But Emi, of course, handled this like a champ. She sat up in the bed, with Travis nearby, kissing her shoulder, stroking her arm. And as they labored together, quietly, for the first half hour, I got settled in. Parked all of the bags and shoes in an out-of-the-way place, pulled out my notebook and pen to note times, important happenings. I got out my camera and started snapping test pictures, seeing the light and the good angles.
We had been worried about the lighting in the room, or – I had been. In times of extreme pain and extreme concentration, it seems like all of the senses go into overdrive. (This will come into play later, heh.) So I knew to expect that the room would be dimly lit, if not near dark. Emi and I had discussed it, prior – I can lighten up pictures in Photoshop, but I can only do so much before I start compromising the integrity of my pictures, their resolution. I did not want to use the flash, knowing that would be a major distraction, but I didn’t want to only have terrible pictures due to lighting. As I snapped a few, I realized we actually had decent lighting in her labor suite – not as perfect as I might have hoped, but the first few pictures I took turned out OK, and I knew I’d be able to work without the flash frustrating Emi.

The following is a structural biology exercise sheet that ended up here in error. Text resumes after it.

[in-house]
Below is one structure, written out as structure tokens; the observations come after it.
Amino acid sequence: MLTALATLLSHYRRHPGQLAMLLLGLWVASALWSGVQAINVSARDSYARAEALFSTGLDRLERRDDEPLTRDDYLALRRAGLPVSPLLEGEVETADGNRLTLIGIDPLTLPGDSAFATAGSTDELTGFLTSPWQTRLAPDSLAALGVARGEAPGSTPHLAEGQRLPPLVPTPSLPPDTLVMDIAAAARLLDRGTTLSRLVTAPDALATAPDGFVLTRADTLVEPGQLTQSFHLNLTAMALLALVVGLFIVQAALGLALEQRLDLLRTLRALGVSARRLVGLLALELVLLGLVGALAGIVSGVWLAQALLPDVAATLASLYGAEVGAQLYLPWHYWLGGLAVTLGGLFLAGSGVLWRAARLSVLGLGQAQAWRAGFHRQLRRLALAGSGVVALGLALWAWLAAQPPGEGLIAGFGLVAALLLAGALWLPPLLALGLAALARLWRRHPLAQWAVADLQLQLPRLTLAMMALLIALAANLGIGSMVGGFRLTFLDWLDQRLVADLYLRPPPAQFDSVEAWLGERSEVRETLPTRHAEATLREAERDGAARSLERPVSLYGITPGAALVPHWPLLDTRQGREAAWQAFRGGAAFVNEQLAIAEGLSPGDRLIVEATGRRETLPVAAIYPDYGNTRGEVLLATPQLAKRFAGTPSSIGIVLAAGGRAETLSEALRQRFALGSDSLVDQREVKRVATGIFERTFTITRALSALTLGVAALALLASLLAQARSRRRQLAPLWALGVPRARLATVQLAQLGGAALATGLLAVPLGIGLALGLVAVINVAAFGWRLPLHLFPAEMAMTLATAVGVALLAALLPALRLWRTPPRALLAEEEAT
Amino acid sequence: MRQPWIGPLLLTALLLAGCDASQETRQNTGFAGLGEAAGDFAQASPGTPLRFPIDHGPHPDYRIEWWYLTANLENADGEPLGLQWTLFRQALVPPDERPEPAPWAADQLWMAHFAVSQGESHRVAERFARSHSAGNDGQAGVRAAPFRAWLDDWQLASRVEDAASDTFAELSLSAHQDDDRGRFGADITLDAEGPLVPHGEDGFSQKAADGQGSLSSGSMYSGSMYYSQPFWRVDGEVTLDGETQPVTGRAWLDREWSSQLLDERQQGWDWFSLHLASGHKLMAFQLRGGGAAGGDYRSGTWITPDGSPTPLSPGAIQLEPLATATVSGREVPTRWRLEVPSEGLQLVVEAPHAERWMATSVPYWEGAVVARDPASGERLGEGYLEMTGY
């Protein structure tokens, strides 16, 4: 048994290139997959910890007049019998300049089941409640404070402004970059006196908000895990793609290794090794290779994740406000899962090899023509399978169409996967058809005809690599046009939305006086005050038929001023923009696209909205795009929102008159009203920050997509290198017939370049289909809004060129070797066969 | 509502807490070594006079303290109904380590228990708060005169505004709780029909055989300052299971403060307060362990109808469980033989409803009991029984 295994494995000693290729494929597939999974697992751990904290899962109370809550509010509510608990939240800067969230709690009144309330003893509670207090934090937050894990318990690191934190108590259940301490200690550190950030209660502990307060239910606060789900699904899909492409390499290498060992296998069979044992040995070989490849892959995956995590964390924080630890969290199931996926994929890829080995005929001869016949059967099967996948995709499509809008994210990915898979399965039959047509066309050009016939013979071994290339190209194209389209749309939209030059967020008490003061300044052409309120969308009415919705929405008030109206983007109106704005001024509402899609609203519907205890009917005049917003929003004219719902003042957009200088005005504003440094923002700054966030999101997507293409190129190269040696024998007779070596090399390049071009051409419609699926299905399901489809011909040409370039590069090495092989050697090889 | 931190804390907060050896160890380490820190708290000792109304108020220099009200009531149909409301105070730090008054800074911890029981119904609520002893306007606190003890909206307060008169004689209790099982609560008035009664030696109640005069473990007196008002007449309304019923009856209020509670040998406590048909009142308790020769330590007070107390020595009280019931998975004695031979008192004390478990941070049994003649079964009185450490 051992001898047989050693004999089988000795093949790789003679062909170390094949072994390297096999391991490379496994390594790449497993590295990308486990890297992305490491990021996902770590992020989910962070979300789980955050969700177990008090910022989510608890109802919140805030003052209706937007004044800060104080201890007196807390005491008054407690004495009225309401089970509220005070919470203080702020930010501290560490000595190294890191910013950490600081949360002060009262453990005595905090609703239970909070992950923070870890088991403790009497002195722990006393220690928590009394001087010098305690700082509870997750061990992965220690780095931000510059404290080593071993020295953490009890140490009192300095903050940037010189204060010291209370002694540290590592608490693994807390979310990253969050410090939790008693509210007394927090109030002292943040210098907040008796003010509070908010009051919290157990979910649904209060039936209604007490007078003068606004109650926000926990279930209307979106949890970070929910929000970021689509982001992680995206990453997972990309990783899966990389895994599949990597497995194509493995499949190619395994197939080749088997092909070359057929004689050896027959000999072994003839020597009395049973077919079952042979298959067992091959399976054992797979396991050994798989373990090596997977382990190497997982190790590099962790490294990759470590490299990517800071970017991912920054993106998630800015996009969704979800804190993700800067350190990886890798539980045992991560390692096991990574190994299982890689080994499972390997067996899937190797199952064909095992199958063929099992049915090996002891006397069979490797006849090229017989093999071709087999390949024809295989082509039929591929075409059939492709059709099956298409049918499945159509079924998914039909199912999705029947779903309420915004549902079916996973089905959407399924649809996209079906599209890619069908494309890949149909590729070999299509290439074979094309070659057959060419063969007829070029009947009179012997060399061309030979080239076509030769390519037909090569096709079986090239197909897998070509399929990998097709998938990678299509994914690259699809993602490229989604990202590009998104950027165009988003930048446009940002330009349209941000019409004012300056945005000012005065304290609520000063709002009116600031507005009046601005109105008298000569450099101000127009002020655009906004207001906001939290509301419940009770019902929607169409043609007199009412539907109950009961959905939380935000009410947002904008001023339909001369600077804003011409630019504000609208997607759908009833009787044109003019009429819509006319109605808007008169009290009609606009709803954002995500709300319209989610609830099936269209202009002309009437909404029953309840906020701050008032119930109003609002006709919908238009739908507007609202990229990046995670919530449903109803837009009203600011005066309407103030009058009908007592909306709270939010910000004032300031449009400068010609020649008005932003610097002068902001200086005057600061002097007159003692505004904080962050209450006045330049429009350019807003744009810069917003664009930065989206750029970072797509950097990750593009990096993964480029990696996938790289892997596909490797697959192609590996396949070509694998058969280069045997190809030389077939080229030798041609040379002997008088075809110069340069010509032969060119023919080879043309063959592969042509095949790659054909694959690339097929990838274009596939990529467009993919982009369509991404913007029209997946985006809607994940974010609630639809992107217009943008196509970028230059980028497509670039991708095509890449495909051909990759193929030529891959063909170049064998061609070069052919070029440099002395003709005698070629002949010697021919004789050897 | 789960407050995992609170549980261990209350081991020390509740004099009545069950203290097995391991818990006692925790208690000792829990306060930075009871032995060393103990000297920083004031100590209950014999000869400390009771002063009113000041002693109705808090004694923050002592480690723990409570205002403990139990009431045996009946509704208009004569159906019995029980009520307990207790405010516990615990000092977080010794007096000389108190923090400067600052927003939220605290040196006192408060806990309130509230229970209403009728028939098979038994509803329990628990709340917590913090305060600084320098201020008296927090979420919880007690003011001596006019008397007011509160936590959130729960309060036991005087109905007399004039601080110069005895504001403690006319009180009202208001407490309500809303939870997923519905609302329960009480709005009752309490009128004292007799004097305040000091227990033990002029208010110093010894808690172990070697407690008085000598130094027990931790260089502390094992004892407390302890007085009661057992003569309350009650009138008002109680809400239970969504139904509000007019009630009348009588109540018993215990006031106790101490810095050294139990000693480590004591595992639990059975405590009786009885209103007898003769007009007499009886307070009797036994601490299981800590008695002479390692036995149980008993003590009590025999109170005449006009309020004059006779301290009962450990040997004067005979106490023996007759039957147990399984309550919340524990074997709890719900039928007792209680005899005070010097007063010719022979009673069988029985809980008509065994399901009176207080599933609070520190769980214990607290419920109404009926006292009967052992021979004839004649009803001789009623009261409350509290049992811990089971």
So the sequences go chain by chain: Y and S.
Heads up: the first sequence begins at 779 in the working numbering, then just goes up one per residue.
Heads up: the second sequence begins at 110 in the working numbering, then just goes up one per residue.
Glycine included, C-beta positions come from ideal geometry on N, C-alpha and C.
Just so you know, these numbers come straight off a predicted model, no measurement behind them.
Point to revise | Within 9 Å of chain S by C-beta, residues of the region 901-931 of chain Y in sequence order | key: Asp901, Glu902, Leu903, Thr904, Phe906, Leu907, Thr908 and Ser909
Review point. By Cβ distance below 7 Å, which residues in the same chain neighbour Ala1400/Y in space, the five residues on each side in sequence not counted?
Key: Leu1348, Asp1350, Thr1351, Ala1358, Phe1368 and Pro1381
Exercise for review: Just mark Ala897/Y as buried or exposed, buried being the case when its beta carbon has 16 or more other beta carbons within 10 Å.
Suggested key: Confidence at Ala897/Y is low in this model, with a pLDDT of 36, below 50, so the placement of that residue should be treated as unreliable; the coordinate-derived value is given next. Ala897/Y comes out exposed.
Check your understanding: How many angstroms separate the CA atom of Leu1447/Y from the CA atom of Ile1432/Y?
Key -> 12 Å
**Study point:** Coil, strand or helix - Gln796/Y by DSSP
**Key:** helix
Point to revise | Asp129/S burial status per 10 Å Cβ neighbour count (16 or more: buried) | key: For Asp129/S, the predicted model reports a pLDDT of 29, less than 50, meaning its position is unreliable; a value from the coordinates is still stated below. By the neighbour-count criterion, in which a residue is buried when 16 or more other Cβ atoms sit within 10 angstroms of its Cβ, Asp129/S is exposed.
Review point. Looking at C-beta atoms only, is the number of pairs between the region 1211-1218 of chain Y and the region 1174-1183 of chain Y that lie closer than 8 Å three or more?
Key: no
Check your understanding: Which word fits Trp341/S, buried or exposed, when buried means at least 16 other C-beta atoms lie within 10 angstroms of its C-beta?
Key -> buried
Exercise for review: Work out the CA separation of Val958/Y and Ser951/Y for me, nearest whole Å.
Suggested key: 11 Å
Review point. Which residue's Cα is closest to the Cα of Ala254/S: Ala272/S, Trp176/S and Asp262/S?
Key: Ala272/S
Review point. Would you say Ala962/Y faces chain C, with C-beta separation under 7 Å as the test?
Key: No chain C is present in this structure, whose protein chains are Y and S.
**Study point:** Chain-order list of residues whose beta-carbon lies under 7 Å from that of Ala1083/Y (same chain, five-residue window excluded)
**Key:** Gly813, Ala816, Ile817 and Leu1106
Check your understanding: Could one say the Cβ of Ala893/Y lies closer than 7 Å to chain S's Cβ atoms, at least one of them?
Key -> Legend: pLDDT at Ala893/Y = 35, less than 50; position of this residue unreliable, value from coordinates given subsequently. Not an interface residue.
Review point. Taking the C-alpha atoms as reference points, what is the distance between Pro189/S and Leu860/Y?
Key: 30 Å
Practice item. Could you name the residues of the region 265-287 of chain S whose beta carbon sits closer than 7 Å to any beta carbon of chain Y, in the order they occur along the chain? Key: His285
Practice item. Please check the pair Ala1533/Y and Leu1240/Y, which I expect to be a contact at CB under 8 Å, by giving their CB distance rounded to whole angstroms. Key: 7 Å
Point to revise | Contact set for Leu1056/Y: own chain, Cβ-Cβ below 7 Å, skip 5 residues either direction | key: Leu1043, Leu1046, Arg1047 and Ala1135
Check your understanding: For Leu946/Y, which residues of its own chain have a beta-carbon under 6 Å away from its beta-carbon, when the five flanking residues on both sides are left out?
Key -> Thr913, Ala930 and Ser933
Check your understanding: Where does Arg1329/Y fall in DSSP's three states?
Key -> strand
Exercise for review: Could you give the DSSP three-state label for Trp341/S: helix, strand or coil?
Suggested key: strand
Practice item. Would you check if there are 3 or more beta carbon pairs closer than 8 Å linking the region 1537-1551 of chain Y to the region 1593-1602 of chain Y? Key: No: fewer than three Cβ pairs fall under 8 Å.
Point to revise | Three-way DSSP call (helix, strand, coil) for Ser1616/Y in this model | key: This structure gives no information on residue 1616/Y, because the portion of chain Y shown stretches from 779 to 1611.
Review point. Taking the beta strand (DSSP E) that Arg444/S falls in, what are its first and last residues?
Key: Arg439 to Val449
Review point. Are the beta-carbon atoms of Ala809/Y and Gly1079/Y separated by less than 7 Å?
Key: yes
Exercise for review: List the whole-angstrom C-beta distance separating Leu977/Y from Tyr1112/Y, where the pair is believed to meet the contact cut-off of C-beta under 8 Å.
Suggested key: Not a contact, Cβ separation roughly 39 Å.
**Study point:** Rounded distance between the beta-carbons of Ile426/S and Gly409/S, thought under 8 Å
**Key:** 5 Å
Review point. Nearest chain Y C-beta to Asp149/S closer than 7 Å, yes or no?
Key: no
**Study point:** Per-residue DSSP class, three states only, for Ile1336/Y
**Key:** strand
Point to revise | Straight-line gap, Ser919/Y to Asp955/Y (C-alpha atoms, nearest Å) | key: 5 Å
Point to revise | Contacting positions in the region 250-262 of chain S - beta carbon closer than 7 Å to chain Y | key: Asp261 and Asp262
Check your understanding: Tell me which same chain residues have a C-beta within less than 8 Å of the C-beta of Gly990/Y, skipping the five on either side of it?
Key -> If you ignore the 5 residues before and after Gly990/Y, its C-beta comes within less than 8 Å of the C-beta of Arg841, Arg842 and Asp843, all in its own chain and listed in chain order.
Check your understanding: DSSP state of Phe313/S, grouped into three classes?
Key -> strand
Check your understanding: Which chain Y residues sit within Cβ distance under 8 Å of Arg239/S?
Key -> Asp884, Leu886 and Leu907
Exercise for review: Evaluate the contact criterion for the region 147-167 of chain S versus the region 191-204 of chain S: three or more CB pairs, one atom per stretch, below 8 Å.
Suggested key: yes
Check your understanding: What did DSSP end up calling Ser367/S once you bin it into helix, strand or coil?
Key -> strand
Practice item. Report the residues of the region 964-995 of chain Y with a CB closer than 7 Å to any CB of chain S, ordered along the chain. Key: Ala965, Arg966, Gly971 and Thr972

Emi’s mother arrived, and then Emi decided to move to the birthing ball as she finished her monitoring and Kristin filled up the birth tub. I started to find a rhythm for my place at this labor. I’ll admit – I know there are things about me that would make me a good doula. They are the same things that – forgive me, I always fear I’ll sound arrogant – make me a good friend, a good leader, a good helper. I’ve heard people at #friendsfamily get-togethers say, I don’t know what to do, what should I do, how should I help? I don’t know what to do! A willing heart is a good and necessary thing – but to me, someone having to stop and tell me what to do means I’ve slowed them down, interrupted their work, distracted them. Sometimes, you’ve just got to jump in and get your hands dirty.
The key to being a good helper, of any kind, is to observe. See what’s going on. Understand who is struggling with what, what remains to be done. Where are we in the process, who is trying to do too many things at once? Where can I step in and simply carry something for someone? Who is in the most need, right now? Who is my priority?
I knew going into this birth that I did not have the most knowledge in the room. I knew that I didn’t need to be all up in every cord and every report and every check, because I would be a hindrance instead of a help. But I could certainly hand towels or cloths to people as they were needed, I could get Emi’s chapstick for her. We had discussed, ahead of time, that I’d need to remind her to drink water at least every thirty minutes, and remind her to pee every so often. I think, at first, I was hesitant to offer too much, too often, but as this first hour helped me feel more at home. Emi was still able to talk, in between contractions, happily answering questions or laughing softly at our jokes. The initial excitement of labor starting began to slack off – we were still excited, but it was a calmer, less frenzied excitement. We were here now, we were settling in – we knew that even though Emi was a quick birther, we still had at least a few hours ahead of us.